Increasing volumes of questionable-quality paint from less regulated countries are reaching South Africa. This could negatively affect profitability and lead to more job losses for the local coatings sector.
South African Paint Manufacturers Asso- ciation (Sapma) executive director Deryck Spence explains that cheaper imports in an already saturated market could decrease the volumes of local paint manufactured as retailers would favour imported products because they are cheaper. Hence, Sapma believes that there should be a tariff placed on imported finished paints by government to avoid promoting imports at the cost of local jobs.
Sapma chairperson Terry Ashmore indicates that exports into sub-Saharan Africa will continue to be a serious challenge for the coatings industry until intra-African custom tariffs are more fairly balanced. If not, there will be increased foreign interest and investment in South Africa’s northern neighbours, which could easily divide sub- Saharan Africa into three trading zones: eastern, western and southern.
Sapma vice-chairperson Sanjeev Bhatt points out that the coatings industry has increasingly had to resort to consolidations to survive amid significant challenges, particularly the ever-fluctuating exchange rate.
Spence adds that Sapma has also had to deal with skills shortages across the coatings industry. He says skills development has become a major concern and the technical qualification training intake numbers for 2016 were less than those of 2015.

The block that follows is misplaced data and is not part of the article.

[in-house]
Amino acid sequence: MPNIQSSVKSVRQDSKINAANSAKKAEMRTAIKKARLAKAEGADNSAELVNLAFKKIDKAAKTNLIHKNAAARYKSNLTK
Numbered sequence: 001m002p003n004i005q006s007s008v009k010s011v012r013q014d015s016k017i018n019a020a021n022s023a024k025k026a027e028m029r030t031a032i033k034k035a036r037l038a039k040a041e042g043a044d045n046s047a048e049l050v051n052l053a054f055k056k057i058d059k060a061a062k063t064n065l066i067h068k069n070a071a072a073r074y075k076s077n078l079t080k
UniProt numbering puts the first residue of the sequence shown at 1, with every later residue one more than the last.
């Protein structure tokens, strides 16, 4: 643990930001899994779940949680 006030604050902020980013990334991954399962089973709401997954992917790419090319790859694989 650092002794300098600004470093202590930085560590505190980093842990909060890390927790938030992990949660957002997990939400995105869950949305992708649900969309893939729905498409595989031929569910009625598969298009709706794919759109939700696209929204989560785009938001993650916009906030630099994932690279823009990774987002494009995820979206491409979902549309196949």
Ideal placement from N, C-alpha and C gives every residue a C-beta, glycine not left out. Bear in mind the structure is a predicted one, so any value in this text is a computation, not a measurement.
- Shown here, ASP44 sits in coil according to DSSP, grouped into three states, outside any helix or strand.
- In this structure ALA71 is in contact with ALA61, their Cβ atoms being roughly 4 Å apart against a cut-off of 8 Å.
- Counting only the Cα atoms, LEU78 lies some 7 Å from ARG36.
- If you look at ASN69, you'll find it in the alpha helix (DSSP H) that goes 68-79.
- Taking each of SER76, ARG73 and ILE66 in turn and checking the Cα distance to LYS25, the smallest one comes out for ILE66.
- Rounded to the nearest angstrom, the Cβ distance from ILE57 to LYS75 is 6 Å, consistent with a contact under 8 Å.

“Workplace plans for skills development show a drastic shortage of paint chemists, which the industry urgently requires,” notes Sapma administrator Mandy Linossi. She adds that the apathy towards staff training has to be addressed urgently, as there is also a critical shortage of qualified paint technologists in South Africa.
Linossi comments that the lack of interest in training is eroding the financial resources of Sapma’s training arm and those of the South African Paint Industry Training Institute, which, fortunately, benefited from advance grant payments from the Chemical Industry Education and Training Authority last year.
Sapma education and training committee chairperson Reg Hoddinott says it is disheartening that the 2016 first semester registrations for the Surface Coatings Technology Course is the lowest since the course was first introduced in the 1980s. “This is inexplicable, given the serious shortage of skills. It would seem that only about 10% of Sapma’s manufacturing and supplier members have registered any students for this semester.”
Spence explains that Sapma is concentrating on increasing the amount of current courses on offer so that the relevant people can be provided with the required training. He notes that there is a “long chain of people” who are involved in providing the correct paint for different applications. This includes the development of technical skills in paint production, knowledge of paint retailers, the salespeople and those who apply it.
Sapma retail committee chairperson Nick Shave states that the plans to offer more courses would make it possible to train paint sales representatives and laboratory assistants at their workplace through a wireless Internet connection.